Understanding Medial Collateral Ligament Sprain
The knee is a complex joint where the thighbone (femur) meets the shinbone (tibia). Strong tissues called ligaments connect these bones together. Ligaments also keep the bones aligned so the knee bends only how it is supposed to. The medial collateral ligament (MCL) runs across the knee joint on the medial (inner) side of the leg. Injury to this ligament may be very painful. The knee may also not work the way it should.
Causes of an MCL sprain
An MCL sprain often happens when the knee joint is pushed beyond its normal range of motion. It's most common during a blow to the knee from the outside, pushing the knee inward. It may also happen if the knee is forced into a twist. These movements stretch and tear the MCL. Other parts of the knee may be damaged along with the MCL.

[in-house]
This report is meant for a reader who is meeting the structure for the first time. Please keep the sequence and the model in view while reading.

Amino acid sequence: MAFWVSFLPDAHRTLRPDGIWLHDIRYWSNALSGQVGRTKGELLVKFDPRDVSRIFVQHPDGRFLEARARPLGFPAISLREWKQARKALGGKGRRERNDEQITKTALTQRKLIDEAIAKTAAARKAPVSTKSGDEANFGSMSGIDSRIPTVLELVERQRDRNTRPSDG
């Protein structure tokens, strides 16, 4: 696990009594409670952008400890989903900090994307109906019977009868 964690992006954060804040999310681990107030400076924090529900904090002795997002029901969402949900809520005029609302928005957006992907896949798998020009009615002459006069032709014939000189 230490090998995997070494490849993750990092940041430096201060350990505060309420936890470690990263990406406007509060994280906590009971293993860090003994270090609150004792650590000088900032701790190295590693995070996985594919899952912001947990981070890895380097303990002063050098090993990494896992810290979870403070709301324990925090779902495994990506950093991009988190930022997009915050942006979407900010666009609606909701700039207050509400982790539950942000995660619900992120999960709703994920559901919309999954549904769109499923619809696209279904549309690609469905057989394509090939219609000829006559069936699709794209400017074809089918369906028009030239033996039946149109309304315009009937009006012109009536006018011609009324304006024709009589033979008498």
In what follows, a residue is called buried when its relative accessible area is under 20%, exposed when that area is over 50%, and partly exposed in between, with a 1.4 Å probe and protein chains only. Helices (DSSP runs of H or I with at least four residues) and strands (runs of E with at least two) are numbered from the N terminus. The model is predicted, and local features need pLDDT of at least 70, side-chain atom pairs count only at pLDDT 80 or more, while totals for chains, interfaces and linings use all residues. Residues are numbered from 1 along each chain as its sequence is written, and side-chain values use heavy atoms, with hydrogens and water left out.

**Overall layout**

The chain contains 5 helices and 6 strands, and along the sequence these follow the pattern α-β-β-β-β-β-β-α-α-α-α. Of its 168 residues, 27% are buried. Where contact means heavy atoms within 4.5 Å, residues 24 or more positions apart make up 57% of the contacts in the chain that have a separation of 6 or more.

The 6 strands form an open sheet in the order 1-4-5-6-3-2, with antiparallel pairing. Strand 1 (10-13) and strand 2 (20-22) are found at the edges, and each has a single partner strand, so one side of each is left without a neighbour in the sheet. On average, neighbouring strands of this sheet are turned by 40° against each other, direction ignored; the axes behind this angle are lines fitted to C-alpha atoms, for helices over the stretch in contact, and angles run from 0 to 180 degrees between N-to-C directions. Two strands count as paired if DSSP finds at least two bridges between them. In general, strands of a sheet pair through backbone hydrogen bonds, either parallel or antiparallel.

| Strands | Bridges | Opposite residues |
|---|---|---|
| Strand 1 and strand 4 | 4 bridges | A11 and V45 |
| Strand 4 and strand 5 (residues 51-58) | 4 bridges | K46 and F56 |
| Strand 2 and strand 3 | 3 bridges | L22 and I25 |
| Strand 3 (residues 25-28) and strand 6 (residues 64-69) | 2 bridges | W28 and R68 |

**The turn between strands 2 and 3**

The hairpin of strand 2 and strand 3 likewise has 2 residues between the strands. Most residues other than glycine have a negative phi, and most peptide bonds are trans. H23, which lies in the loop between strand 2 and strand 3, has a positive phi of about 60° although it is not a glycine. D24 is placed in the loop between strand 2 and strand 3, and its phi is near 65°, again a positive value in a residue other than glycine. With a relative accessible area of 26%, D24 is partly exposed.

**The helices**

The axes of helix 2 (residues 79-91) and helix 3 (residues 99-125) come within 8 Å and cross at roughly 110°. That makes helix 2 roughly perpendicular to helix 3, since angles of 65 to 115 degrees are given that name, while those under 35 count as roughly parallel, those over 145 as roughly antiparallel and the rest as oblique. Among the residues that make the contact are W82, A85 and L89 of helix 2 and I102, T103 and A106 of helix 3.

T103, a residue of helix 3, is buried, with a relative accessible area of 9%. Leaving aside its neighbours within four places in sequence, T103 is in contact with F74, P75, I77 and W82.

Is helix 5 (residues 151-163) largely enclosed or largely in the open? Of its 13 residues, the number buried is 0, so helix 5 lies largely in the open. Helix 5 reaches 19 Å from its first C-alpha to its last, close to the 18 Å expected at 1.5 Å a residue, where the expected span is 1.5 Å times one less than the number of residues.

Knee sprains are graded by the amount of ligament damage.
Symptoms of an MCL sprain
Treatment for an MCL sprain
Treatment will depend on the severity of the sprain and whether there is damage to other parts of the knee. Options often include:
Rest. This allows the knee to heal. Don't do any activities that stress the knee. Crutches, a knee brace, or both may also be recommended for a short time.
Cold packs and elevation of the knee. These help reduce swelling and relieve pain.
Compression. The knee may be wrapped with a bandage to help reduce swelling.
Medicines. These help relieve pain and swelling.
Exercises. These help improve the knee’s stability, strength, and range of motion.
If the injury is severe or several parts of the joint are involved, surgery may be an option. Surgery repairs the MCL and any other damaged structures.
When to call your healthcare provider
Call your healthcare provider right away if you have any of these:
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